3. Brian is correct about the Republicans but not the Democrats: the Dems voted for same sex marriage a couple years back because that is what Democrats do; the Republicans voted for it this week because... Well, for some reason not tied to money, right? See #2.

4. Can he possibly be correct about both [insert a "having it both ways" joke here]? Is it possible that the money interests won both votes, one from a Democratic majority, the other from a 70%+ Republican majority? If so, some clever bugger has finally figured out the magic formula that would compel any legislature, regardless of party makeup, to enact same sex marriage legislation. Highly unlikely.

The common element here is the constituency. If marriage truly were the issue, this vote would at least have been much closer than 211-116. Remember, he claimed a causal relationship between the marriage issue and the election in which a third of the NH legislature seats switched due to voters "booting" out the same sex marriage supporters. Since the results were essentially the same, Brian is therefore wrong about same sex marriage being a major issue for NH voters. They just don't seem to care about it.

Keep in mind that he made two claims: he tied the previous election results to the issue of same sex marriage, AND implied that "out of state interest money" was the main driver two years ago. So... what does that mean for all those Republicans who voted to uphold same sex marriage this week? Are they ALSO "activist" legislators taking "out of state interest money" while being "plied" with large campaign contributions after taking a seat from a Democratic predecessor who had been "booted out" because they, too, did exactly the same things two years ago in voting for same sex marriage equality?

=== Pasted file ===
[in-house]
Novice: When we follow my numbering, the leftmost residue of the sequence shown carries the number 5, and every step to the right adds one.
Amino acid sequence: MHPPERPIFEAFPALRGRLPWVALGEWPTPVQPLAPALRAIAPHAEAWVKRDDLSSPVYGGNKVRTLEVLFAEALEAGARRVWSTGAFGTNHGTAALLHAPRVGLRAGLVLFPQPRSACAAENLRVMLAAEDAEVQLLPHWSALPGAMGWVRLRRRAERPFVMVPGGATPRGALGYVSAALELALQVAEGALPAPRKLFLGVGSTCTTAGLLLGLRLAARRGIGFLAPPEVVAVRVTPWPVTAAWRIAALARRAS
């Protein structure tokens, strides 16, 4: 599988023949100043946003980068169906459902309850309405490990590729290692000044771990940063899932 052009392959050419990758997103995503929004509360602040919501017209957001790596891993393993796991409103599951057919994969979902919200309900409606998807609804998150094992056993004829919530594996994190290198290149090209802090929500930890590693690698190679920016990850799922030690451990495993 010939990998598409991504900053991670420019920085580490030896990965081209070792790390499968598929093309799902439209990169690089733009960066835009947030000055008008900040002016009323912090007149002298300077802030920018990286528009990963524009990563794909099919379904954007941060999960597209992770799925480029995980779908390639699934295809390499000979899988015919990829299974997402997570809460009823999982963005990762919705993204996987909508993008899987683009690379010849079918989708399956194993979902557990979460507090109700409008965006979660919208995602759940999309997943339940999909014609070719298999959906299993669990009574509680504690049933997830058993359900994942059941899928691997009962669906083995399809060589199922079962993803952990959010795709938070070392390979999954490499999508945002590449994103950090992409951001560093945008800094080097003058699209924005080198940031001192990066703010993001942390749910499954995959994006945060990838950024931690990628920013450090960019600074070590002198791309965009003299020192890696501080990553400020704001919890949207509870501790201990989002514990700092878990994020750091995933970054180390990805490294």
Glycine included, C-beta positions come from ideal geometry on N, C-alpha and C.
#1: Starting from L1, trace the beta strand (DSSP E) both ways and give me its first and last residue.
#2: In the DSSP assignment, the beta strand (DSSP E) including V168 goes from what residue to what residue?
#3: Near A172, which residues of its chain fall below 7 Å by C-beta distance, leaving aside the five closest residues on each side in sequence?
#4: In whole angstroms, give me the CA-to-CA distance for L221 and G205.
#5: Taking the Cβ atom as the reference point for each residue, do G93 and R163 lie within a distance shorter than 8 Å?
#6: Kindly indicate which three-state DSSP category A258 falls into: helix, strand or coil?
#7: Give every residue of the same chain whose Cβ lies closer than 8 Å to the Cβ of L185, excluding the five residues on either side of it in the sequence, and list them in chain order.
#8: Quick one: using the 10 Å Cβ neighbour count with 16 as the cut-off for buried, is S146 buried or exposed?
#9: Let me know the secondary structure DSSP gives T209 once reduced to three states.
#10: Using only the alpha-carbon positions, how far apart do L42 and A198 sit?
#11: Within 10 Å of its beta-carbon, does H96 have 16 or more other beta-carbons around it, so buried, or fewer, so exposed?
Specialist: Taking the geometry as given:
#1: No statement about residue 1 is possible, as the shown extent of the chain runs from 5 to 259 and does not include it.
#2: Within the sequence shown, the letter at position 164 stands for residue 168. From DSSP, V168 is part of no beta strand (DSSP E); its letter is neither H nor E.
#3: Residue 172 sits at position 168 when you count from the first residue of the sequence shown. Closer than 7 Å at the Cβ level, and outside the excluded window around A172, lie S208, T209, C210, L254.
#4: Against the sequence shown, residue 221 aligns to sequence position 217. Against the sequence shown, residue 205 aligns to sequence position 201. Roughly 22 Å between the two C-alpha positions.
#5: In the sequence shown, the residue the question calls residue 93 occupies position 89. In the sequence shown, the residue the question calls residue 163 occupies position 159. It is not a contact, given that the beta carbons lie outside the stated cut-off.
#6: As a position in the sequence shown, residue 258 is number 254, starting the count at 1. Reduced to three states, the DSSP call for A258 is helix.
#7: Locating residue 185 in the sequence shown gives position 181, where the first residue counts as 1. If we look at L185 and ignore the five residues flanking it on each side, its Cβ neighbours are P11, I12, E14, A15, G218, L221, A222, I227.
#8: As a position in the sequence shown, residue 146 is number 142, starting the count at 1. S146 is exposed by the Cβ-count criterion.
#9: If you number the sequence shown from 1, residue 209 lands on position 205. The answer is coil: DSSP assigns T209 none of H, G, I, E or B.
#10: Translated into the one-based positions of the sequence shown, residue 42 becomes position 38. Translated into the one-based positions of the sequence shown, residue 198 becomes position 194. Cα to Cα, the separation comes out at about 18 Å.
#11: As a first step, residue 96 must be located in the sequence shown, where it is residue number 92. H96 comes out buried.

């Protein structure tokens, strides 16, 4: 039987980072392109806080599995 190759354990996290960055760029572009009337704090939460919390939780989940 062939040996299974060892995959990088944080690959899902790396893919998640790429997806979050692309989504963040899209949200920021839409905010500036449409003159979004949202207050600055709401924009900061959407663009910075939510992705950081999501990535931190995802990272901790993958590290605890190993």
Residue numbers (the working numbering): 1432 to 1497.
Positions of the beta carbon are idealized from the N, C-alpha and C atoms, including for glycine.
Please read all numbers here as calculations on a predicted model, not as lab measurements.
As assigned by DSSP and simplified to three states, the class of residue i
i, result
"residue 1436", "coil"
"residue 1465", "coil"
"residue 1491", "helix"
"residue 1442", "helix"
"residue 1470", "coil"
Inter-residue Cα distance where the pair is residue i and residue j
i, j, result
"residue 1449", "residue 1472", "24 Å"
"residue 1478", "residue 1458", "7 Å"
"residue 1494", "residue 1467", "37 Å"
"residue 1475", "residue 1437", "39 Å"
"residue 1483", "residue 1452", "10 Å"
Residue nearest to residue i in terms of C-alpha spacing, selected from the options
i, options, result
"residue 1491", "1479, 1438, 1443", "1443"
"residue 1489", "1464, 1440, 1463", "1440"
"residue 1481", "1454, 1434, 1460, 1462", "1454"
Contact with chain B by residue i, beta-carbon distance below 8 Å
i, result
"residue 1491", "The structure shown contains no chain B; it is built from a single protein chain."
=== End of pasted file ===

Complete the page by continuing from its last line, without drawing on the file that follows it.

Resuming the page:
We are seeing what will hopefully be a string of rebukes of Brian Brown, NOM, and all their cohorts. Their problem is that they have won so frequently (at least with the popular referenda) that they aren't prepared to cushion their talking points in case they lose. Sure sure, judicial "activism" still has some tread on the tires, and of course you can always hypocritically blame "out of state interests" for exerting inappropriate influence.

The real challenge is ensuring that you aren't also using those same insulting, hypocritical, dumbass labels for your own friends, especially not the friends you helped get elected before.

Saturday, March 17, 2012

Job Creators: Apparently Don't Need All Those Tax Breaks

With several months of solid jobs gains, and an unemployment rate that is holding steady, if not falling, it is beginning to seem obvious that companies and job creators will hire when the demand is there for their products. This in spite of all the GOP rhetoric in the last few years that the ONLY way to encourage job creation was further tax breaks for the top income earners and for corporations.